CHICAGO — Forty-one cities in the United States, Mexico and Canada have submitted preliminary bids to host 2026 World Cup matches.
The North American bid committee said Thursday its proposal will be sent to FIFA in March. The bid is expected to include up to 25 cities. At least 12 cities would ultimately be selected if the FIFA Congress picks the joint bid when it votes in June 2018.
The 2026 World Cup will be the first with a 48-nation field. Morocco said it also intends to bid.
Three sites were dropped from the preliminary list announced last month: Calgary Green Bay, Wisconsin and San Diego.
Just three stadiums that bid hosted games during the 1994 World Cup: Chicago’s Soldier Field, Dallas’ Cotton Bowl and Orlando, Florida’s Camping World Stadium, formerly known as the Citrus Bowl. Soldier Field underwent a gut renovation in 2002-03.
Two of the sites on the list hosted matches at the 1994 at stadiums that have been replaced with new venues on adjacent land: East Rutherford, New Jersey and Foxborough Massachusetts.
Stadiums are required to have at least 40,000 seats for group-stage matches and at least 80,000 for the opening game and final.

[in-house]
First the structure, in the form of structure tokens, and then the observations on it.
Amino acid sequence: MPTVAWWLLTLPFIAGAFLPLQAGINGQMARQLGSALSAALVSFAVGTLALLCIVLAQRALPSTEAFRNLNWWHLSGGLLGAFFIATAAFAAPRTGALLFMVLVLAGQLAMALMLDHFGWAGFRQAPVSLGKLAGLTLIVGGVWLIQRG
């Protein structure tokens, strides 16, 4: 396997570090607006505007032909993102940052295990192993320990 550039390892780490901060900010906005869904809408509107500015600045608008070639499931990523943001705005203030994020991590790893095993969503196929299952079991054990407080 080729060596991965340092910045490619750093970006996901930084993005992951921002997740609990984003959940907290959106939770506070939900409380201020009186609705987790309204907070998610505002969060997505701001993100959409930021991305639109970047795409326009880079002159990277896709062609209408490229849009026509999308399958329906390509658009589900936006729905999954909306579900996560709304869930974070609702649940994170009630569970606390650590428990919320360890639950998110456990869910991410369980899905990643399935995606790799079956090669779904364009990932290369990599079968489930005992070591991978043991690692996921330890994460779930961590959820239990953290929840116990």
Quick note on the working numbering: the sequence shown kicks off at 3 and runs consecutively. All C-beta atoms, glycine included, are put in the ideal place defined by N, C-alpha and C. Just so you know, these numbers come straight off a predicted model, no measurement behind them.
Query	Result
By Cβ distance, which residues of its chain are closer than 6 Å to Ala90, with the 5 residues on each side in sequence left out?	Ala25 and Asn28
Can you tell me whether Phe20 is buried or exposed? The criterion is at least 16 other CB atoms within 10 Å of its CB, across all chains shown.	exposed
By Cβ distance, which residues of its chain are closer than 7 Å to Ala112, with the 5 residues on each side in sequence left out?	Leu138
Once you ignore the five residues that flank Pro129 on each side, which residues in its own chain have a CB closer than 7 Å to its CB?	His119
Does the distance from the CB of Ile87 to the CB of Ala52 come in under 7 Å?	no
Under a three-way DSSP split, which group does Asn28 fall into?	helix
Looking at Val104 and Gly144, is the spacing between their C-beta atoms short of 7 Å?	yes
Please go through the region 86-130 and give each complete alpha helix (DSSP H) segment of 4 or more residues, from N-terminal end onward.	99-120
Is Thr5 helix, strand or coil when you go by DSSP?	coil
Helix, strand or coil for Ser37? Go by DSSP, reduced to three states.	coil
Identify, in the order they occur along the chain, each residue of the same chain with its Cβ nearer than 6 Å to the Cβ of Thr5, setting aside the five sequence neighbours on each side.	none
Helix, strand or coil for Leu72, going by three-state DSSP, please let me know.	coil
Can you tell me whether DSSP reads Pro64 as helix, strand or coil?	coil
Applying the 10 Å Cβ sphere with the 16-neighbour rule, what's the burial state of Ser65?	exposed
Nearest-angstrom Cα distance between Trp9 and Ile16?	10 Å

Thirty-two areas and 35 stadiums are on the list for the U.S., Canada has six cities and Mexico three. The proposed Canadian venues include Edmonton’s Commonwealth Stadium, Montreal’s Olympic Stadium, Ottawa’s TD Place, Regina’s Mosaic Stadium, Toronto’s BMO Field and Vancouver’s BC Place.
Three stadiums were submitted from the Los Angeles area and two from the Dallas area. The U.S. would host 60 of 80 games, including all from the quarterfinals on.
The bidding stadiums:
Arlington, Texas, AT&T Stadium Atlanta, Mercedes-Benz Stadium Baltimore, M&T Bank Stadium Birmingham, Alabama, Legion Field Charlotte, North Carolina, Bank of America Stadium Chicago, Soldier Field Cincinnati, Paul Brown Stadium Cleveland, FirstEnergy Stadium Dallas, Cotton Bowl Denver, Sports Authority Field Detroit, Ford Field East Rutherford, New Jersey, MetLife Stadium Foxborough, Massachusetts Glendale, Arizona, University of Phoenix Stadium Houston, NRG Stadium Indianapolis, Lucas Oil Stadium Inglewood, California, LA Stadium at Hollywood Park Jacksonville, Florida, EverBank Field Kansas City, Missouri, Arrowhead Stadium Landover, Maryland, FedEx Field Las Vegas, Raiders stadium under construction Los Angeles Memorial Coliseum Miami, Hard Rock Stadium Minneapolis, U.S. Bank Stadium Nashville, Tennessee, Nissan Stadium New Orleans, Superdome Orlando, Florida, Camping World Stadium Pasadena, California, Rose Bowl Philadelphia, Lincoln Financial Field Pittsburgh, Heinz Field Salt Lake City, Rice-Eccles Stadium San Antonio, Alamodome Santa Clara, California, Levi’s Stadium Seattle, CenturyLink Field Tampa, Florida, Raymond James Stadium
Edmonton, Alberta, Commonwealth Stadium Montreal, Olympic Stadium Ottawa, Ontario, TD Place Regina, Saskatchewan, Mosaic Stadium Toronto, BMO Field Vancouver, British Columbia, BC Place
Guadalajara, Estadio Chivas Mexico City, Estadio Azteca Monterrey, Estadio Rayados.